How Lillard’s desire to become NBA’s highest-paid player could impact GM search

The Portland Trail Blazers’ GM search will shape the future of the franchise — and Damian Lillard

Once Portland Trail Blazers star Damian Lillard stopped threatening to request a trade, everyone understood his inevitable moment of truth: His future remained bound to the summer of 2022, not 2021. Extensions were always automatic for him, and that’s no longer the case.

Lillard wants a two-year, $107 million extension in July, and he and his agent need the next general manager to sell ownership on the idea. As much as anything, this cuts to the core of the Blazers’ search process. His desire for an extension into his advanced NBA years has turned into a battle for the franchise’s future, an existential threat to reshaping and redirecting the organization in a post-playoff reality.

The prospects of Portland extending Lillard, 31, beyond his $48.8 million in 2024-25 to pay him $51 million at 35 years old and $55 million at 36 threatens to turn an asset of a contract into an albatross.

As former president of basketball operations and GM Neil Olshey exits the Blazers, the process to hire his successor will soon be underway. Portland is deciding whether it will hire a firm to research and recommend candidates, sources said. Bert Kolde, the longtime ownership executive and right-hand man to the late Paul Allen, will direct the search again. He’s hired several GMs in his tenure.

The Blazers will be wise to expect every candidate to come armed with two important questions: What are owner Jody Allen’s plans to keep or sell the team? And more immediately, would a new GM have autonomy to rebuild the franchise not around, but without, Lillard?

In the past year, Lillard and his camp have been thwarted on leverage plays — Jason Kidd as coach, trading CJ McCollum and four first-round picks for Ben Simmons. Most of all, they lost the confidence that the Blazers had a top basketball executive and ownership willing to give Lillard the highest single-season pay in league history at $55.3 million in 2027.

With four seasons — including an opt-out — left on his deal, Lillard had no leverage to choose his next team this past summer. If he had asked out, he would have gone where Portland could get the best package of young players, draft picks and salary-cap relief. Asking for New York and Philadelphia makes for dramatic storylines, but the multiple years on his deal would have emboldened several small and non-destination markets to engage with Portland’s steep asking price.


Among several top-level GM candidates who fit the profile of Portland’s applicant pool, there’s no enthusiasm to grant Lillard his massive extension contract through the 2026-27 season. In fact, several executives told ESPN they would be far more interested in the Blazers job with ownership’s blessing to move Lillard sooner than later.

Lillard struggled with Team USA and has played some of the poorest basketball of his career this season. He’s out for 10 days now, bothered by a recurring abdominal injury. At 31, there’s no reason to believe he can’t get healthy and back to an All-NBA level this season. There is reason to believe that idea isn’t sustainable three, four and five years from now.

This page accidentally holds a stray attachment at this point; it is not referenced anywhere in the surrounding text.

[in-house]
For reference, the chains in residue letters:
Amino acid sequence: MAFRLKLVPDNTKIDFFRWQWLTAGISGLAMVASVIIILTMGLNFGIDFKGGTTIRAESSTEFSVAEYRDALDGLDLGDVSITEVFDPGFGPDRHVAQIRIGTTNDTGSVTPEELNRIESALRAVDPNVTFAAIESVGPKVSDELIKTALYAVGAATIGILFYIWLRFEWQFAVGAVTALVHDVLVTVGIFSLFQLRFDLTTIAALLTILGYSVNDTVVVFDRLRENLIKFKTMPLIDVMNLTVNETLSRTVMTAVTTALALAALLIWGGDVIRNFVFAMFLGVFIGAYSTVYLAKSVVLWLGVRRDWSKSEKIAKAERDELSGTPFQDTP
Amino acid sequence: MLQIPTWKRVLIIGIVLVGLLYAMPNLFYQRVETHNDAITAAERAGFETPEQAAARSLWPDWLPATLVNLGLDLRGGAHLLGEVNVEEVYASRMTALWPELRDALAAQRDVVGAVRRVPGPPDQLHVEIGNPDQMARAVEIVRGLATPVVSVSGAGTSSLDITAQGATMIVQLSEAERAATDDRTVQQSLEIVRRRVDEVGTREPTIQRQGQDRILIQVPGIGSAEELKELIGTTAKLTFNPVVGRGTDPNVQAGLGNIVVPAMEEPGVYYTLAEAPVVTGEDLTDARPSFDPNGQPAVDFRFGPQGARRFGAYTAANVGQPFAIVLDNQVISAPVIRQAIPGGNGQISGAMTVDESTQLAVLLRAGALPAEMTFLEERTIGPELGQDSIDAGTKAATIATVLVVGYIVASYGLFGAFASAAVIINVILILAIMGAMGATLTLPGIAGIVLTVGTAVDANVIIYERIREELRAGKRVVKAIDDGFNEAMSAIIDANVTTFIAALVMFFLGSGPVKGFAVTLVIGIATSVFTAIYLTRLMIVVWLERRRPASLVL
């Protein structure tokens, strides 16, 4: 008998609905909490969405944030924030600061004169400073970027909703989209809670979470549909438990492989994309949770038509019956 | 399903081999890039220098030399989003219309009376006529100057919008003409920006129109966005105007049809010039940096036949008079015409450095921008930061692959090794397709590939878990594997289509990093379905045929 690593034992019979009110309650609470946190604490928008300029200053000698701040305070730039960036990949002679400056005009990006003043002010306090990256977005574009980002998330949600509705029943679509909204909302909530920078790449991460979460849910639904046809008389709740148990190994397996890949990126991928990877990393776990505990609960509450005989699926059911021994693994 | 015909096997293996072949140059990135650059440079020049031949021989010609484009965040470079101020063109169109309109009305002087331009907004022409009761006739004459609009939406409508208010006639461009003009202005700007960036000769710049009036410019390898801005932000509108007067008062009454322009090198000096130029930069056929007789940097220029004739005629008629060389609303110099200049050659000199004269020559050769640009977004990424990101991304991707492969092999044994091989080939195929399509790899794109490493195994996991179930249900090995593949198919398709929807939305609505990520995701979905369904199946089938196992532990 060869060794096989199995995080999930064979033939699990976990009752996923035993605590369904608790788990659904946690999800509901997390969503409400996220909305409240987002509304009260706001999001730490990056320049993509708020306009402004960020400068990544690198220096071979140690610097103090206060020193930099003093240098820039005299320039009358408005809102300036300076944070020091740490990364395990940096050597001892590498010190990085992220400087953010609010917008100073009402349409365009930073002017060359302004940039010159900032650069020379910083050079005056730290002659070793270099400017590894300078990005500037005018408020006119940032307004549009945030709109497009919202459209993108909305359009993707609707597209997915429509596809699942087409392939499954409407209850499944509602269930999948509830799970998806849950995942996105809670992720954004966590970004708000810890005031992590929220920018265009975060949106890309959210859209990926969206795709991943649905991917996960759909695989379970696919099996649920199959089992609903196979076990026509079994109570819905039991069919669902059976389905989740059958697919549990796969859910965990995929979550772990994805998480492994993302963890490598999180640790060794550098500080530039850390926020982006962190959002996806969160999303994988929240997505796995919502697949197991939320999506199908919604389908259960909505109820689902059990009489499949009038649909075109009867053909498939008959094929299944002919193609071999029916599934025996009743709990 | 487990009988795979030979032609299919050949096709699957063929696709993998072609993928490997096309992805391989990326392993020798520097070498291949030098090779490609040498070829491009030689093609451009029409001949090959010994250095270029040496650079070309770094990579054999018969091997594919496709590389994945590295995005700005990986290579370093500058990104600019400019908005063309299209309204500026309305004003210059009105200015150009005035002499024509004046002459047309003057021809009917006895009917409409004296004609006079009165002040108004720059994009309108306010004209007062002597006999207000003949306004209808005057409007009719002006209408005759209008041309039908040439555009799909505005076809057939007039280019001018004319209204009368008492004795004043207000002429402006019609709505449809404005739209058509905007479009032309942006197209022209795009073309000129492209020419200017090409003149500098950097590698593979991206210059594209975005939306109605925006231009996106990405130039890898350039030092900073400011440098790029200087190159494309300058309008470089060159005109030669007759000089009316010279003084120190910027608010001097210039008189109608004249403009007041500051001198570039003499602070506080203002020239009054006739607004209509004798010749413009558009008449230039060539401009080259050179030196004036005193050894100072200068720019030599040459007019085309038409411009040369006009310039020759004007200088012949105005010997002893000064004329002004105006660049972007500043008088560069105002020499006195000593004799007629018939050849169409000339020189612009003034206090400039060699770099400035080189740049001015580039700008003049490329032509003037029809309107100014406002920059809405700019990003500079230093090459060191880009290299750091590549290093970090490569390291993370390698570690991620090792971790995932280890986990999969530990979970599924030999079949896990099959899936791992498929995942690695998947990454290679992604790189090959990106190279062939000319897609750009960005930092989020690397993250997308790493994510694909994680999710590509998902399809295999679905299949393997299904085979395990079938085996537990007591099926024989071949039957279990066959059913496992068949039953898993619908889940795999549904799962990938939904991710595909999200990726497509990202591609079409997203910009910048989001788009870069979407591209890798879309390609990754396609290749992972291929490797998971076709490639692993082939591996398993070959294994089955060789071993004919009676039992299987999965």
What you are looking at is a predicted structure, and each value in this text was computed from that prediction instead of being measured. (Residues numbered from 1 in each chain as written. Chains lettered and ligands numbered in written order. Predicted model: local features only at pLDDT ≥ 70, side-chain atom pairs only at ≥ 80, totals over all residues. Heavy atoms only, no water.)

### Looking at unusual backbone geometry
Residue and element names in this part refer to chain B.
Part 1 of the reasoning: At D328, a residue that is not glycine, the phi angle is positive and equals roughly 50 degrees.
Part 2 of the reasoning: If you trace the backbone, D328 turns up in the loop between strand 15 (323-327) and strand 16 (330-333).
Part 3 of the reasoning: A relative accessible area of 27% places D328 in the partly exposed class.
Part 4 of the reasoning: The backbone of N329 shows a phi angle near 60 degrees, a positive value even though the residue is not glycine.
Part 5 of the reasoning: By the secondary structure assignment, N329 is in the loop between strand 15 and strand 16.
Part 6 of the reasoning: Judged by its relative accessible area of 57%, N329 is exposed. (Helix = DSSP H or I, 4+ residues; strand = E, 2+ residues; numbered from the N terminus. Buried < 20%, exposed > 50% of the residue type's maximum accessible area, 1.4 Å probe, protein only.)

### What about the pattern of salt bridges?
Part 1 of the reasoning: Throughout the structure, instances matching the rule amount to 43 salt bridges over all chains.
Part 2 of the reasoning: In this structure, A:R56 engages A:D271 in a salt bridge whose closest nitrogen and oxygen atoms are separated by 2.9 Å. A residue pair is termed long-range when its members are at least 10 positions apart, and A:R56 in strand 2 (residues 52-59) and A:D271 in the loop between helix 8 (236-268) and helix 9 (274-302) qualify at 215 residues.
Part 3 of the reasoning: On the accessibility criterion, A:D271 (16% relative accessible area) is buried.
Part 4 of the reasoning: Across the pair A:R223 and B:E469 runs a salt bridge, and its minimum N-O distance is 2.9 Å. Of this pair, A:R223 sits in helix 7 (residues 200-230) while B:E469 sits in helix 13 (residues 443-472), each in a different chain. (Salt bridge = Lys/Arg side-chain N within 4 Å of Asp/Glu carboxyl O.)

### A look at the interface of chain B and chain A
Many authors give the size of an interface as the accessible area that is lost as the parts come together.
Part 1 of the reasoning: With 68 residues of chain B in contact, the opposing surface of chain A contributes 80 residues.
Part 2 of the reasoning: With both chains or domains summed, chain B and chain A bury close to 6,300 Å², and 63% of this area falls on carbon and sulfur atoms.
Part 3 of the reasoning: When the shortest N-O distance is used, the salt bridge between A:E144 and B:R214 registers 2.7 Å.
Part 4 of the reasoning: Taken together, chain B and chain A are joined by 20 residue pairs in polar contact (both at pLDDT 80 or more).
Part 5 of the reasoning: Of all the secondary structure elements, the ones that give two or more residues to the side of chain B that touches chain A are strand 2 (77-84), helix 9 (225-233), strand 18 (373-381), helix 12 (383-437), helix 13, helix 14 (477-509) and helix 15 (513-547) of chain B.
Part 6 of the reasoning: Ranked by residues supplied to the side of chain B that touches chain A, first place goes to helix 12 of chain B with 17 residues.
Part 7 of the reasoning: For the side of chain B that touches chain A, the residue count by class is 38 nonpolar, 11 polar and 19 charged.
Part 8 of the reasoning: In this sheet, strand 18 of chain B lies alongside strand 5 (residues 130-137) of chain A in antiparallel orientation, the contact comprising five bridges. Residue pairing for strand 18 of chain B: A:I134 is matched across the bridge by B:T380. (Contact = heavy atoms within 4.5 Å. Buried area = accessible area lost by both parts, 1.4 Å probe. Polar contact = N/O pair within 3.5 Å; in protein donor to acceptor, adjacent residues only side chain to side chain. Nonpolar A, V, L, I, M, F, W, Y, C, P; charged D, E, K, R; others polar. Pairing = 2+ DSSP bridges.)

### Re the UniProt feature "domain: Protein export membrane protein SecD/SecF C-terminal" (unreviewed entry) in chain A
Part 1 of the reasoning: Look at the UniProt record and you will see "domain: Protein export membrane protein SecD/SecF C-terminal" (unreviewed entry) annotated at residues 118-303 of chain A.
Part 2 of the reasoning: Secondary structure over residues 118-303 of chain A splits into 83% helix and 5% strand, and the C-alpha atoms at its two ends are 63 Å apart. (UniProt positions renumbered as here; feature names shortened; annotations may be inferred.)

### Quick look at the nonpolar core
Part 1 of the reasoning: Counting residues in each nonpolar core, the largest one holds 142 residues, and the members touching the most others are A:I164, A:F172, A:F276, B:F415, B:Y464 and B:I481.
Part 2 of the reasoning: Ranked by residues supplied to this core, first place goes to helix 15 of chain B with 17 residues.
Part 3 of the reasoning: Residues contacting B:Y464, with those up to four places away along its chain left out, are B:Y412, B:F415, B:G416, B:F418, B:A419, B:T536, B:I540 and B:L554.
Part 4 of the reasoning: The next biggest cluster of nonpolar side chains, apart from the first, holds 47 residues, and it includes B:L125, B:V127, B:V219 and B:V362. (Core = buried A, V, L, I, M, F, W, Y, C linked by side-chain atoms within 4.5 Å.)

Now, Lillard’s group is privately selling the idea of trading his veteran teammates with value and rebuilding around him — on that extension. Some candidates initially believed that Lillard’s reps would have input with ownership on the next GM, but that has faded quickly. Rival GMs knew they had to work directly with Olshey to get deals done with the Blazers, that he had full autonomy to make decisions. Those seeking Olshey’s old job believe they need to sell themselves to ownership, not to those surrounding the star player.

Portland has faith and confidence in interim GM Joe Cronin, but soliciting offers on Robert Covington and Jusuf Nurkic is one thing — navigating offers for Lillard is another. Do the Blazers allow Cronin to make the franchise-defining decisions in the coming months and win the job? Rival teams believe they’ll have a better idea once they start talking trades in the coming weeks.

Three teams with interest in Lillard told ESPN that they are waiting on him to make an offseason trade demand before calling Portland. If Lillard asks out, they know the Blazers will lose some leverage in the asking price — and are waiting on it. Philadelphia made an offer, but New York never did, league sources said. Lillard’s reps offered mixed messages on the star’s intentions to stay or go, and rival teams say that the star’s camp had real concerns about Olshey’s willingness to recommend the extension to ownership in 2022.

Allen isn’t the typical NBA owner; her late brother Paul was a maniacal NBA fan, fully engaged on a daily basis. She is conducting the franchise’s business as a caretaker of a charitable trust. If she decides to sell the team, the revenue goes to that trust. Unlike her late brother, she has no real history with Lillard — and no sentimental attachment.

There’s no shortage of billionaires trying to acquire NBA and NFL teams, and currently only the Denver Broncos are available. If a new owner isn’t buying into a championship contender, they will likely prefer assets and roster flexibility.

For now, the Blazers are telling people that they’ll take their time on the search, that they won’t be moved by anyone’s agenda. The battle lines are real on Damian Lillard’s future and leverage is ever-evolving. As much as anything, this fight for control of the franchise’s future is a cold, sober exercise of balancing assets and albatrosses.

Credit: Source link